I'm still stuck on the Epistle of St. James (3:13 - 4:3, 7,8a) from last Sunday's lectionary lessons.
You'll excuse me for sounding impertinent but some of it sounds a bit like Yoda might have written it, doesn't it?
You do not have because you do not ask.Annoying, this is.
You ask and you do not receive because you ask wrongly.
Or, as Yoda would say, "Do or do not. There is no try."
I like Yoda. Sadly enough, he has become, for an entire generation, the closest thing to a resource for understanding spirituality and prayer.
I suspect every generation has one. I seem to remember the popularity of Master Po in the Kung Fu Series. As I recall, instead of an apprentice named Luke Skywalker, there was someone Master Po called "Grasshopper."
And, let us not forget Professor Dumbledore to Harry Potter. I suppose in my generation, it was Jiminy Cricket to Pinocchio.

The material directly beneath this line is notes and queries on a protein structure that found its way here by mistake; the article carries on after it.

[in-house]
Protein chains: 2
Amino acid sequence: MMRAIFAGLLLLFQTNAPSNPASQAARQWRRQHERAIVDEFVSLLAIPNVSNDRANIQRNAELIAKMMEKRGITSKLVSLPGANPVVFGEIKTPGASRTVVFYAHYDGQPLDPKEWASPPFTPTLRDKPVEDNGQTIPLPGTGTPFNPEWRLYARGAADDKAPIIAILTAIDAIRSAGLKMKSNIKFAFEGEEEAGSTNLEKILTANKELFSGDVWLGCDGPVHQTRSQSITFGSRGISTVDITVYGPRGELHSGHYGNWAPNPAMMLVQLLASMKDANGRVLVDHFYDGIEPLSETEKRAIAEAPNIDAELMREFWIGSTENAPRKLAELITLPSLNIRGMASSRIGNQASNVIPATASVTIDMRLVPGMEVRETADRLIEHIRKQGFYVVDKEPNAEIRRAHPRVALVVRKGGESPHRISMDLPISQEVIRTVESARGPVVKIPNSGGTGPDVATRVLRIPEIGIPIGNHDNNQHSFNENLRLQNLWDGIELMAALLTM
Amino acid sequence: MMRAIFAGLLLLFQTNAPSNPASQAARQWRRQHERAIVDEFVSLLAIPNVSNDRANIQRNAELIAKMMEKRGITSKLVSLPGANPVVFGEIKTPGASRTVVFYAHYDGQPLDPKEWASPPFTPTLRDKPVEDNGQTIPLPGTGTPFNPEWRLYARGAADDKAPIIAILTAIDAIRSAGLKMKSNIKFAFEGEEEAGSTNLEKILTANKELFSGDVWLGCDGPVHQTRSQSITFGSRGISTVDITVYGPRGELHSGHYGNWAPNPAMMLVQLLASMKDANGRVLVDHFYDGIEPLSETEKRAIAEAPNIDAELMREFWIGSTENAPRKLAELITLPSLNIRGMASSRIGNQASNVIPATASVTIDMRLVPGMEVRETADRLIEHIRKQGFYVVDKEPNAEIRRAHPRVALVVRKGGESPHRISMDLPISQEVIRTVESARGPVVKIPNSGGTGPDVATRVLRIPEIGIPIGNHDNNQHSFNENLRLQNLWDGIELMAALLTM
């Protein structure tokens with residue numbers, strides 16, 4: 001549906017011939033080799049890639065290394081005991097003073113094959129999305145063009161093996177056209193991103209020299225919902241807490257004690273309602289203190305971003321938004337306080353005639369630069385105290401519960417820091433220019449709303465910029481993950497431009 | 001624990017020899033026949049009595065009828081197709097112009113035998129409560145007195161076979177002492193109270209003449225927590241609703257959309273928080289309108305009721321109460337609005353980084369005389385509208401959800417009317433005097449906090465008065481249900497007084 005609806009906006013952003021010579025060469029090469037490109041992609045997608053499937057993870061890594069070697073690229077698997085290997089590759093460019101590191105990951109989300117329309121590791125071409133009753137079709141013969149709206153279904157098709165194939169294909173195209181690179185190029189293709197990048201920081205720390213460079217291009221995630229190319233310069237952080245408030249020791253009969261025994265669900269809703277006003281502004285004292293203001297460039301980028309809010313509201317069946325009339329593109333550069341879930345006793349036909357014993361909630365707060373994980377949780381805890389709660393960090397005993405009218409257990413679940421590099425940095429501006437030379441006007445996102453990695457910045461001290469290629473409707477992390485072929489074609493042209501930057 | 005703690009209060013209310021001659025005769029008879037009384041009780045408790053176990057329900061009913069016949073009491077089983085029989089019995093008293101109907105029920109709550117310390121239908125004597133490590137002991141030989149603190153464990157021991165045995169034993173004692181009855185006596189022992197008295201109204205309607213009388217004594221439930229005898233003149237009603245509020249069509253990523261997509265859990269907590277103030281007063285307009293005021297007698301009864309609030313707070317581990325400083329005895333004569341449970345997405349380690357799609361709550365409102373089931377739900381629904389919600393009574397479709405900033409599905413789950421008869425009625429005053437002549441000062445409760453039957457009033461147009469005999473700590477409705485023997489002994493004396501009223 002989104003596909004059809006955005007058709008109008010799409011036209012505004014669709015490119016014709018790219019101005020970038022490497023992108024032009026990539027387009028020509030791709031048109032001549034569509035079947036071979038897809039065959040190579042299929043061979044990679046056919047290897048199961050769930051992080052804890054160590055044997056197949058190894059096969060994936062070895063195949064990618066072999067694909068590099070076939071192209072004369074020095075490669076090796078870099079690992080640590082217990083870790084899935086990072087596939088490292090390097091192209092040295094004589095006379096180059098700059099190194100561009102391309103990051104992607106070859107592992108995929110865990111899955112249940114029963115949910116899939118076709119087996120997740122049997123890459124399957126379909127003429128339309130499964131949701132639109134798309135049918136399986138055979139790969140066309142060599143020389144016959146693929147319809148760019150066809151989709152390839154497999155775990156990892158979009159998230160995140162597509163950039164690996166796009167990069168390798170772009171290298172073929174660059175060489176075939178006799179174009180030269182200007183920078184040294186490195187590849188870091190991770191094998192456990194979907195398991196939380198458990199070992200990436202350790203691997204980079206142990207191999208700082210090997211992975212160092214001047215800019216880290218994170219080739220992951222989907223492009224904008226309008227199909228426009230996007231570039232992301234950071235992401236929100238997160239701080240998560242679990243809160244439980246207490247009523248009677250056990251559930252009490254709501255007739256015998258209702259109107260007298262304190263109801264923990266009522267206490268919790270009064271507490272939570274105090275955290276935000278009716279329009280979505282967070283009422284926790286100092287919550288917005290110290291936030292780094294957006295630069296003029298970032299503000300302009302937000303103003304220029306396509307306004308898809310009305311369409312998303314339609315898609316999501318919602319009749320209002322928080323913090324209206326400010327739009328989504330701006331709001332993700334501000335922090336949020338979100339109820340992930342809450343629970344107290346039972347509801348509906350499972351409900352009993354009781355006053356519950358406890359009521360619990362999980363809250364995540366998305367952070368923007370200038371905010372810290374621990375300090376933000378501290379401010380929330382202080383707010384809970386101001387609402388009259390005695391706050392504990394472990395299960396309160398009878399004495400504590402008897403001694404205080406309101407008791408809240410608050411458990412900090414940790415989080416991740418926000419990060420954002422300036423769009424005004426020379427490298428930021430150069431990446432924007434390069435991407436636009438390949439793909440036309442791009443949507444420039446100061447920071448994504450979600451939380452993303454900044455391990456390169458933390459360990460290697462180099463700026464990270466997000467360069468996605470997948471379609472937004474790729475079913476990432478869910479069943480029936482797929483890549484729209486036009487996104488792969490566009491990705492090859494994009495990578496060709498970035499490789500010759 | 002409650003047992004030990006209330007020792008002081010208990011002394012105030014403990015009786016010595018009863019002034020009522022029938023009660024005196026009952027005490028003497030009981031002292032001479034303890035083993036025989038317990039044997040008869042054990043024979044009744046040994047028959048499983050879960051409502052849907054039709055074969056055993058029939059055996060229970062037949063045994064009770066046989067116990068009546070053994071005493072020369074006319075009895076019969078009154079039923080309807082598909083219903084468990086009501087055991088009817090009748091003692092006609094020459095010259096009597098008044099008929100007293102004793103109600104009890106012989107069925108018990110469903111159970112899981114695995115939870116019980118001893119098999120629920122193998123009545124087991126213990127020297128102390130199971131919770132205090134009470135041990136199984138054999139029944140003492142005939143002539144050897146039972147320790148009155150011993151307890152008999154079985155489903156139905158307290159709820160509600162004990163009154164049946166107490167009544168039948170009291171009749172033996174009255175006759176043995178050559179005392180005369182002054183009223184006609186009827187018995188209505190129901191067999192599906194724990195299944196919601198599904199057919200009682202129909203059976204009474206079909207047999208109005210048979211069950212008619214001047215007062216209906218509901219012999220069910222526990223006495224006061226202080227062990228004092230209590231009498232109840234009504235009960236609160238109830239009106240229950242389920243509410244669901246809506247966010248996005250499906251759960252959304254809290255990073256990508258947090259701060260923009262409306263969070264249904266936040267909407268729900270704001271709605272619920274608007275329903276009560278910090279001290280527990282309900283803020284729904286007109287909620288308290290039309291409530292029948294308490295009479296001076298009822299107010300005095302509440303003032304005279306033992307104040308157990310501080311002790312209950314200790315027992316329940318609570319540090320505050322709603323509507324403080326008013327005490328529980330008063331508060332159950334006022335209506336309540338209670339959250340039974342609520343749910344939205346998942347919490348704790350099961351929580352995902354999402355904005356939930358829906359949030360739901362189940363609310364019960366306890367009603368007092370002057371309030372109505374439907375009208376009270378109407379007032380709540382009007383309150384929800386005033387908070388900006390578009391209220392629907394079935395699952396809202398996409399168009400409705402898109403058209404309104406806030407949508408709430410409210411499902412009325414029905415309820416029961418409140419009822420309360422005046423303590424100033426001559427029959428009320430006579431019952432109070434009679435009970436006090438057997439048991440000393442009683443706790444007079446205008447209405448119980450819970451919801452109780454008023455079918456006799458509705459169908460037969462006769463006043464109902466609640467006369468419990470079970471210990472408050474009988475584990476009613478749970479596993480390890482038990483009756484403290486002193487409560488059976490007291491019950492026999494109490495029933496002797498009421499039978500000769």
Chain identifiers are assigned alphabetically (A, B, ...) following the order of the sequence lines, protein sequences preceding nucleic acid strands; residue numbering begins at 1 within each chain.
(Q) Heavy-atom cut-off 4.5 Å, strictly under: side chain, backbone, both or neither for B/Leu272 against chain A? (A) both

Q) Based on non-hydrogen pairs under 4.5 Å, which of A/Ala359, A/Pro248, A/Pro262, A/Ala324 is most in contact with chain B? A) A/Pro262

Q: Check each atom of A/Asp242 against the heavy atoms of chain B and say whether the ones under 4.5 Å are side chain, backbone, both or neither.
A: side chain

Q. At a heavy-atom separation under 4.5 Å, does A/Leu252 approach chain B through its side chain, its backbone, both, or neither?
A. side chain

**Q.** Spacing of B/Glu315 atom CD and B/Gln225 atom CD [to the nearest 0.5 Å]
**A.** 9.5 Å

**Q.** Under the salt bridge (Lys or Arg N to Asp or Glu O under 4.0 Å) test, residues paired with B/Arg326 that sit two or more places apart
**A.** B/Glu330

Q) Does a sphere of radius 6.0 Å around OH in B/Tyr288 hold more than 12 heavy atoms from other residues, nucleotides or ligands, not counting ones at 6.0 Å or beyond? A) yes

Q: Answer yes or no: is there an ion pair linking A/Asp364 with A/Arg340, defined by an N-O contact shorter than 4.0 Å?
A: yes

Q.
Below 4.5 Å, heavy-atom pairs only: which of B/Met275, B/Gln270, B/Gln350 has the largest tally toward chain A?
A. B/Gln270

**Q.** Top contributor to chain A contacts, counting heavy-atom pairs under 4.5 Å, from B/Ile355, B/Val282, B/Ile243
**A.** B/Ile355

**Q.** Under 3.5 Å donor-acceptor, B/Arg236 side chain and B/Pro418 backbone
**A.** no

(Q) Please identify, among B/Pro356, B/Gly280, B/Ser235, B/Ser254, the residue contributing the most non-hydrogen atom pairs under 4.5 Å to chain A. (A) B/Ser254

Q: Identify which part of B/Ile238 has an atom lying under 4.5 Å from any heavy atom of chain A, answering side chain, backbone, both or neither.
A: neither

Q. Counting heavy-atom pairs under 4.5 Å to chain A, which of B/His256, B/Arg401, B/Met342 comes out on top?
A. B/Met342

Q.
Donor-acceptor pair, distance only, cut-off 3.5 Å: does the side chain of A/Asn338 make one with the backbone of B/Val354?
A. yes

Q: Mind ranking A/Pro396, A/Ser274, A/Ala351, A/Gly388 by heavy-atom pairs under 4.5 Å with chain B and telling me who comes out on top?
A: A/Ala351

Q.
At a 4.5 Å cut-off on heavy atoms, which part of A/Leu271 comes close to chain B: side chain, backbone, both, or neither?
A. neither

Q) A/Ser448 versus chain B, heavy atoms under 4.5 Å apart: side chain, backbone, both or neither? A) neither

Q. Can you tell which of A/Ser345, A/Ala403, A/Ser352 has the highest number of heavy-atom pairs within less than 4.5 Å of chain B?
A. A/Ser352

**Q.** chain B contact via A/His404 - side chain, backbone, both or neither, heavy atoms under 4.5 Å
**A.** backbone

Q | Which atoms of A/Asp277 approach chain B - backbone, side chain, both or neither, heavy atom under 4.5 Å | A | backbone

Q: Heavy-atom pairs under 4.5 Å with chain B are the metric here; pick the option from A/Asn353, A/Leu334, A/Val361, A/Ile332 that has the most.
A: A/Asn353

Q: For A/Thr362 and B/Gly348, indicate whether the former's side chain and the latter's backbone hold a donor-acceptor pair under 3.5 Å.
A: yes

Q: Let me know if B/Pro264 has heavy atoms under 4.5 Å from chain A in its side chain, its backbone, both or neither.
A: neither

Yoda says things like,
"Fear is the path to the dark side. Fear leads to anger. Anger leads to hate. Hate leads to suffering."Somebody give the weird little creature an, "Amen."
Here's the thing for me about the message from St. James' Epistle: Prayer is a mystery. I think that's true because prayer is, essentially about relationship. And relationships, especially between God and ourselves and others, are an even deeper mystery than prayer.
In order for prayer to work, one must believe in mystery.
As Luke Skywalker once said to Yoda, "I can't believe it."
And, Yoda said, "That is why you fail."
'Belief in mystery' sounds like a mystery itself. That's because it is.
The other true thing I know about prayer is that even when we don't believe in mystery, prayer can still work.
That's the mystery of prayer.
Or, as Yoda would say, "A mystery is prayer."
It means letting go of what the world values, and embracing the values of the Realm of God where the values of the world have no meaning or currency.
Or, as Jesus said,
"Whoever wants to be first must be last of all and servant of all."To which Yoda might say, "True, that is."